Friday, January 18, 2013

Way to Make Race Weight 357: Cut A Piece Out Of Your Knee

In about twelve hours, I'll be heading into knee surgery for the lamest of all reasons: to fix an illiotibial ("IT") band injury.  Last May, June, and early July, I basically buried myself with ultracycling.  Every other weekend for two months, I had a ride that was at least twelve hours long, with the longest approaching 18 hours.  During the week I'd ride my trainer twice, run intervals, lift, do yoga, and swim.   To exactly no one's surprised, this eventually caught up with me, although it happened in a surprising way.  During a 5-mile brick run (that's a run immediately after a bike ride), I felt a bolt of pain on the outside of my right knee, like I'd tweaked something.  I hopped a bit and tried walking it off, but I found I basically couldn't put weight on my leg.  It was bad enough that I hopped to a cab in the area and hitched a ride home.

I'd heard people complain about IT band injuries before -- they're quite common among runners and cyclists.  Essentially, the IT band runs from the outside of the hip, along the outside of the femur, around the outside of the knee, and connects to the tibia just below the knee.  IT band friction syndrome arises -- at least according to most physicians -- when the IT band rubs along a bony point on the outside of the knee, becoming inflamed.  Because it's an overuse injury, I assumed it would come on slowly and be somewhat easy to remedy with rest, icing, and foam rolling, but neither was true.  When it came on, it felt like I may as well have sprained my knee: running was not remotely an option.  I did everything humanly possible to treat it, from getting massages 4x/week, to icing, stretching, and using a foam roller until I couldn't stand it any more, and then some more beyond that.  I was lucky enough to be able to finish Ironman Mont Tremblant four weeks after the injury, but I could only run for about the first three miles.  After that, my fall was a series of false starts; I just haven't been able to shake the injury, as much as I've tried.

From what I've learned, if this injury doesn't go away quickly, it can turn into a life partner.  There are many stories out there about runners who give up the sport entirely for years, only to have the injury flare up again a couple of miles into their first easy jog.  I could have kept up with the anti-inflammatories, icing, rolling, and stretching, but the fact is that it's utterly demoralizing: it's hard to motivate oneself to put in hard work when you're pretty certain that you won't be able to run more than a mile or two, and when, after a hard bike workout, it hurts to walk for several days.  Enough is enough.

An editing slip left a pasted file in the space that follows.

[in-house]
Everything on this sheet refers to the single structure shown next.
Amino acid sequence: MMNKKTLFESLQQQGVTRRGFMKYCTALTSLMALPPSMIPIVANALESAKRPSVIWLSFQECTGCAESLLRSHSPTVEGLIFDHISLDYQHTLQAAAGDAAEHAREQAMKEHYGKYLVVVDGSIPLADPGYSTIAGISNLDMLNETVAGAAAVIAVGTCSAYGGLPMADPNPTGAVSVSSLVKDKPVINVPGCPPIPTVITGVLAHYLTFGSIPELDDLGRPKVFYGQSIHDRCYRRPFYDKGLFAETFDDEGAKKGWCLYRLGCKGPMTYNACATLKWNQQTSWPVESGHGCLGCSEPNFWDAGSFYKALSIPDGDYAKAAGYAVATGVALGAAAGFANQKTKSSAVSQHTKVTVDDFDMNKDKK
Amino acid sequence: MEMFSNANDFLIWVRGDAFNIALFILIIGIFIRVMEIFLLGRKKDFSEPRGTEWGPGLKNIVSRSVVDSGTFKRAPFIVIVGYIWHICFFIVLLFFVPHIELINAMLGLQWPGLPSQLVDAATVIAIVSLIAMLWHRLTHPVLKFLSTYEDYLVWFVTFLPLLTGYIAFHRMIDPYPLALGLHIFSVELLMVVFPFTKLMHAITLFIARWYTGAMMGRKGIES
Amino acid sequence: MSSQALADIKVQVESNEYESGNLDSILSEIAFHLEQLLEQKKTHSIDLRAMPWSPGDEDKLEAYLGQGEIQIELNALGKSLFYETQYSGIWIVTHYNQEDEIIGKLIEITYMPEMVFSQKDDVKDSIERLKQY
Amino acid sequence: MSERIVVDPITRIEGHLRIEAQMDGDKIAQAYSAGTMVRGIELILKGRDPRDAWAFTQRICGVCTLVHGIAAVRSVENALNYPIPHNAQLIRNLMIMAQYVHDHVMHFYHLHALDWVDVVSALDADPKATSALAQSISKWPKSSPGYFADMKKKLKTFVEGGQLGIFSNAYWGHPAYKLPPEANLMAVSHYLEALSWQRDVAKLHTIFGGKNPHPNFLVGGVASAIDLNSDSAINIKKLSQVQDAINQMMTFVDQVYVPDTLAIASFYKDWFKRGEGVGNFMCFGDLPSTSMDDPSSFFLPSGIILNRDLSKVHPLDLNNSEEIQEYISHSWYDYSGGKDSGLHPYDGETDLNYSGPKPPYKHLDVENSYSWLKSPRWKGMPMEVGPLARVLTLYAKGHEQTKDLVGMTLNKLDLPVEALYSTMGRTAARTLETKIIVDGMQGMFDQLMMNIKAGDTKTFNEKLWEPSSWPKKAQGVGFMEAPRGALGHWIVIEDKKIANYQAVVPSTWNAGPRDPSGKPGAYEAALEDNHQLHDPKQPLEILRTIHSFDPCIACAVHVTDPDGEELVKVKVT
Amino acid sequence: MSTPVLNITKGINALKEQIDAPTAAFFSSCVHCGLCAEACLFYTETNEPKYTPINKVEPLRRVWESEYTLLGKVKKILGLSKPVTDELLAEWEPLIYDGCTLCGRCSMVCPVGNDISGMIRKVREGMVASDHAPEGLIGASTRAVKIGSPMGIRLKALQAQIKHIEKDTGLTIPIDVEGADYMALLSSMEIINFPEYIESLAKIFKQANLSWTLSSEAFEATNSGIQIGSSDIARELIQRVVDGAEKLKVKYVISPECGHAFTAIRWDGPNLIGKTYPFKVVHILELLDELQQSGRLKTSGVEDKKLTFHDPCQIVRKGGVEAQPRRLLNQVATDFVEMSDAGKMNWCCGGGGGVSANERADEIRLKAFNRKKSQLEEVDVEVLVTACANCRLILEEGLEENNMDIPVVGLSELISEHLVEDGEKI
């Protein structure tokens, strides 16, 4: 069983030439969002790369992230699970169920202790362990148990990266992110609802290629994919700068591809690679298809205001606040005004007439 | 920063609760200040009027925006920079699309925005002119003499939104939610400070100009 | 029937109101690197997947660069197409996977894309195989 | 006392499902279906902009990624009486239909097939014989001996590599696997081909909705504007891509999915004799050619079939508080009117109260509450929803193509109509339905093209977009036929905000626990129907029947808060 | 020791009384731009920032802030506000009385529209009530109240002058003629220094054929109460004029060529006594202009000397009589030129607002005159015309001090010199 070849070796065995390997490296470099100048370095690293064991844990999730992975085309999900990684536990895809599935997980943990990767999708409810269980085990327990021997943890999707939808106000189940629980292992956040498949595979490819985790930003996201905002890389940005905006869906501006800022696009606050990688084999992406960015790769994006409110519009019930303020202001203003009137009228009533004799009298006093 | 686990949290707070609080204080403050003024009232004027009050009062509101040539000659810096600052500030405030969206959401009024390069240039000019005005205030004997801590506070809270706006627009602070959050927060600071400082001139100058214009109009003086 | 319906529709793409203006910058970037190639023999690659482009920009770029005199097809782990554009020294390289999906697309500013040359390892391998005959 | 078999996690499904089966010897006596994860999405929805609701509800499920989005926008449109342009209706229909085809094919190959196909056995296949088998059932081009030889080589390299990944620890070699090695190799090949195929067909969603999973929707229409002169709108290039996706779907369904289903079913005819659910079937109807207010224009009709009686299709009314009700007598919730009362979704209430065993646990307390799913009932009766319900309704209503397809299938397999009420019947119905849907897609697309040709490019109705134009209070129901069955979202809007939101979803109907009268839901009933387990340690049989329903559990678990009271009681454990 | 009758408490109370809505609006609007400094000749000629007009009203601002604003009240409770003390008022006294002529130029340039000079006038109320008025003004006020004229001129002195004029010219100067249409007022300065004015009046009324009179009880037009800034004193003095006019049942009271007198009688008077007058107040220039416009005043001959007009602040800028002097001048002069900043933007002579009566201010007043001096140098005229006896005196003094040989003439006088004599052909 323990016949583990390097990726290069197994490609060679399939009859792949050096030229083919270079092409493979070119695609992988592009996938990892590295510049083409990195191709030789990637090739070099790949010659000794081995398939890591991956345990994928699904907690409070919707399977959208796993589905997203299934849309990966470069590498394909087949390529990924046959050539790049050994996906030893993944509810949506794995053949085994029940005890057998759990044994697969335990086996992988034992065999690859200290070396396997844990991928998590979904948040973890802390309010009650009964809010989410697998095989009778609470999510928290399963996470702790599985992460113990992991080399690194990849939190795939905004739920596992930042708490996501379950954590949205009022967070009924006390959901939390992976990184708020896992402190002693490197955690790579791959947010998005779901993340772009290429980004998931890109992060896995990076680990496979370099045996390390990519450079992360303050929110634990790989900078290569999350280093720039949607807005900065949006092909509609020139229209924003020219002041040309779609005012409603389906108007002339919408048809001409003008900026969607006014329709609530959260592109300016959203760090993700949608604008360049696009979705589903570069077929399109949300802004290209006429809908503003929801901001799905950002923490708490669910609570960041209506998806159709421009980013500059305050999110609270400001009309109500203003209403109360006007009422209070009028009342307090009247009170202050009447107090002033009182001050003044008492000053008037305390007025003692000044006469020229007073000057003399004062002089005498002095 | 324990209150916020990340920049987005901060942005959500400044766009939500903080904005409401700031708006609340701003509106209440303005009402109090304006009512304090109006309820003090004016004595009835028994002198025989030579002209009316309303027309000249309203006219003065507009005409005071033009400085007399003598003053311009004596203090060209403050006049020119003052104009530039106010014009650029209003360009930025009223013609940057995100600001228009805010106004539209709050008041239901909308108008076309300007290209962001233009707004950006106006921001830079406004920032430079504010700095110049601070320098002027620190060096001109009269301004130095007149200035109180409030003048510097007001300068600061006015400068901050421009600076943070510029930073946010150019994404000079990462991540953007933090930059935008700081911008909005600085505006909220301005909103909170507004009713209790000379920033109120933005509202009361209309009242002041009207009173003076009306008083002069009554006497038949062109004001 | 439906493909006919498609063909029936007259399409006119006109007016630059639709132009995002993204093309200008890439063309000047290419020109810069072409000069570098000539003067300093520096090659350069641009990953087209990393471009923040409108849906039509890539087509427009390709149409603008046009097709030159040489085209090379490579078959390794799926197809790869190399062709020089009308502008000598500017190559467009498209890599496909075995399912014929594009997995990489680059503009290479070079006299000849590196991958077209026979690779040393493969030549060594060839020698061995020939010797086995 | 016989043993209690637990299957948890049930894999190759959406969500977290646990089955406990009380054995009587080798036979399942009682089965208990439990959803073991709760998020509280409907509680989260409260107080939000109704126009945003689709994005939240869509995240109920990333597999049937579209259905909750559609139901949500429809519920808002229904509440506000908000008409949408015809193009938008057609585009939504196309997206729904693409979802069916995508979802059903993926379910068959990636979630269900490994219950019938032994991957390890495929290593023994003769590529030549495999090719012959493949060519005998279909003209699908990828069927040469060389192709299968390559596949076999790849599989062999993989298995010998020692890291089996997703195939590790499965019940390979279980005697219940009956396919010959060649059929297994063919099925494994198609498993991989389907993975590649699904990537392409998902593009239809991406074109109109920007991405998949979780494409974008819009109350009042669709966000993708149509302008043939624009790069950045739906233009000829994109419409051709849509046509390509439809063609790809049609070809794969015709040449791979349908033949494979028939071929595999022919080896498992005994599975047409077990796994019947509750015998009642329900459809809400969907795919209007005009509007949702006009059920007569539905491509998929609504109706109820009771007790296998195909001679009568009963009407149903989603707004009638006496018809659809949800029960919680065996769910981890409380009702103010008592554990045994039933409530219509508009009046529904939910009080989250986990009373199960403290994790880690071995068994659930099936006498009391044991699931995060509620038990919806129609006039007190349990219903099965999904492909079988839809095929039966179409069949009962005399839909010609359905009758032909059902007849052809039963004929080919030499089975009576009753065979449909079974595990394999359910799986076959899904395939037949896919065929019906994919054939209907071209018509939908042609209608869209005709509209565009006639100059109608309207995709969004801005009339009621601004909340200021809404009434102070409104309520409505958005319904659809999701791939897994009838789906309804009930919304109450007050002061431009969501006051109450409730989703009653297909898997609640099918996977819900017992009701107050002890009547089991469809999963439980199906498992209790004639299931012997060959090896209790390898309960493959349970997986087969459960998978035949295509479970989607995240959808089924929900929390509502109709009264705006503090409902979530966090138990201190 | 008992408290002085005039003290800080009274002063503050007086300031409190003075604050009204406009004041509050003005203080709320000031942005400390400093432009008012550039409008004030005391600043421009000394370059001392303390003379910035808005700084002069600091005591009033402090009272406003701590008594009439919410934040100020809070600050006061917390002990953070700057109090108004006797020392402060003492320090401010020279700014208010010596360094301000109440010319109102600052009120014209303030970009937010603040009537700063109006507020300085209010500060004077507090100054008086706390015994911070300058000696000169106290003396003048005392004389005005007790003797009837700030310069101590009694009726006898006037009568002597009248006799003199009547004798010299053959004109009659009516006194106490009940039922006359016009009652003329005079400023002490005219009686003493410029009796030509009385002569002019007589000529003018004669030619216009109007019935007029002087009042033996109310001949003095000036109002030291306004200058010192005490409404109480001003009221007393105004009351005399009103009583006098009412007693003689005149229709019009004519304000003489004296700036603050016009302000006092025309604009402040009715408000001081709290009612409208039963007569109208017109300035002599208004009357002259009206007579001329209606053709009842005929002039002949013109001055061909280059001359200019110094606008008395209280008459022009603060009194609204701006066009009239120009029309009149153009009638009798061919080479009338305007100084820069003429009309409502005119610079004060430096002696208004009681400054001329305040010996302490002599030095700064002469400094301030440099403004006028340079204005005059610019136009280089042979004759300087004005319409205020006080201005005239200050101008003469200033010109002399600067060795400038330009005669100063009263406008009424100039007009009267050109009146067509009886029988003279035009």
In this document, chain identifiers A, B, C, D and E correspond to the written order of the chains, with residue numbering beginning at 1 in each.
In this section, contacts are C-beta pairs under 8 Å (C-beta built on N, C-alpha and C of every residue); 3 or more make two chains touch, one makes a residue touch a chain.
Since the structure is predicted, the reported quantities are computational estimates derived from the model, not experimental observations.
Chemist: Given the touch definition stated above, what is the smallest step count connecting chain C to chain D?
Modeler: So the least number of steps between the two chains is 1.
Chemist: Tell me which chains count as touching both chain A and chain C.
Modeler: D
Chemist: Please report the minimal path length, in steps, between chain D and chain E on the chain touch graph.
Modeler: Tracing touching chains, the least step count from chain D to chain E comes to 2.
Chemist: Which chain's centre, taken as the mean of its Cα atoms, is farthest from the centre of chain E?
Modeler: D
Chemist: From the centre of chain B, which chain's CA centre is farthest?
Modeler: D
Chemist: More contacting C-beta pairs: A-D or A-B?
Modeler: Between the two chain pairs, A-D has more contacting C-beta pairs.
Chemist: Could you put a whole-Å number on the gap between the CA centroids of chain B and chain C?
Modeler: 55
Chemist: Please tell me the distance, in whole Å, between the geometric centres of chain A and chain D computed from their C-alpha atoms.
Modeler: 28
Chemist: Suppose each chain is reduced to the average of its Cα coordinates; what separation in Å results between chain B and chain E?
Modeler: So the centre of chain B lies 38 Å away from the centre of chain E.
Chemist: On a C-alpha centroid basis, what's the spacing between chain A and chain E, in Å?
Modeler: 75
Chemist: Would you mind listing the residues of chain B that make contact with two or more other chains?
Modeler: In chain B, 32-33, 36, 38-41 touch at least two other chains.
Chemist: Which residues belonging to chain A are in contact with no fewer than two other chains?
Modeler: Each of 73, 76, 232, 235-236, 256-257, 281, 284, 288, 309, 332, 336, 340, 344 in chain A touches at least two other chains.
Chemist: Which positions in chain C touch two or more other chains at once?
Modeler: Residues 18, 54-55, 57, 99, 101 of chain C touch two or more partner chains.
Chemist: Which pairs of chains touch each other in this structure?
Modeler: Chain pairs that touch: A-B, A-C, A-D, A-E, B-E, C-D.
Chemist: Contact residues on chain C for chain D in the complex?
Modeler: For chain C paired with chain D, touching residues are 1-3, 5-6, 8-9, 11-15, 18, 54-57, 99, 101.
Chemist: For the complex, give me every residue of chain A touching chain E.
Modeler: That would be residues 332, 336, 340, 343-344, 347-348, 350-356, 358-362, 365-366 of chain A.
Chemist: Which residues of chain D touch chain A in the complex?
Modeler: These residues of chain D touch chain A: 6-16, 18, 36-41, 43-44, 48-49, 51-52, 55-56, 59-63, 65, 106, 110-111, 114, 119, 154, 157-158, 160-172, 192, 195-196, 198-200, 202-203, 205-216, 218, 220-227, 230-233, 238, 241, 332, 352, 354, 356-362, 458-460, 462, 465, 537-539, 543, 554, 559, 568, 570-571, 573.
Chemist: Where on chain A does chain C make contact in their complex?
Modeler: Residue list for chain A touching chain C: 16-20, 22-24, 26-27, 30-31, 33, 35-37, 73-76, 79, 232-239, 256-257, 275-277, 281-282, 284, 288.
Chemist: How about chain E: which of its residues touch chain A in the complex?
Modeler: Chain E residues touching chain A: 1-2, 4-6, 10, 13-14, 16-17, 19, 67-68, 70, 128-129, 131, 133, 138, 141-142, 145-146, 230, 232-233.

So, tomorrow morning I'm having what's known as an IT band release.  In my case, this means that a nickel-sized piece will be cut out of the inside of my IT band, i.e., the part that rubs over my knee will no longer exist.  I know several people who've had this surgery, and their main thought is regret that they didn't have it done sooner.  Because nothing has to grow back together afterward, recovery is somewhat quicker than with, for example, an ACL repair.  My understanding is that I'll be on crutches and unable to do much at all for a week or so, but that I ought to be back up to spinning on a bike without resistance after a couple of weeks, and that things should progress from there.  Jogging can resume, slowly, after 5-6 weeks.

This is quite the opposite of how I'd like to be spending my January and February.  But, taking the long view, it's not really optional -- I just need to get it done.  And I've found that I tend to bounce back relatively quickly after layoffs like this one; indeed, some of my best seasons have come after my deepest fitness troughs.  It's never fun to rebuild running fitness, but I've done it before, and I'll do it again.  I just need to know that, when I head out the door, I won't pull up limping after a mile or two.

My positive spin on the whole thing is that this will give me all the motivation I need to become good friends with the neighborhood pool.  In the longer term, it's just a bump in the road.

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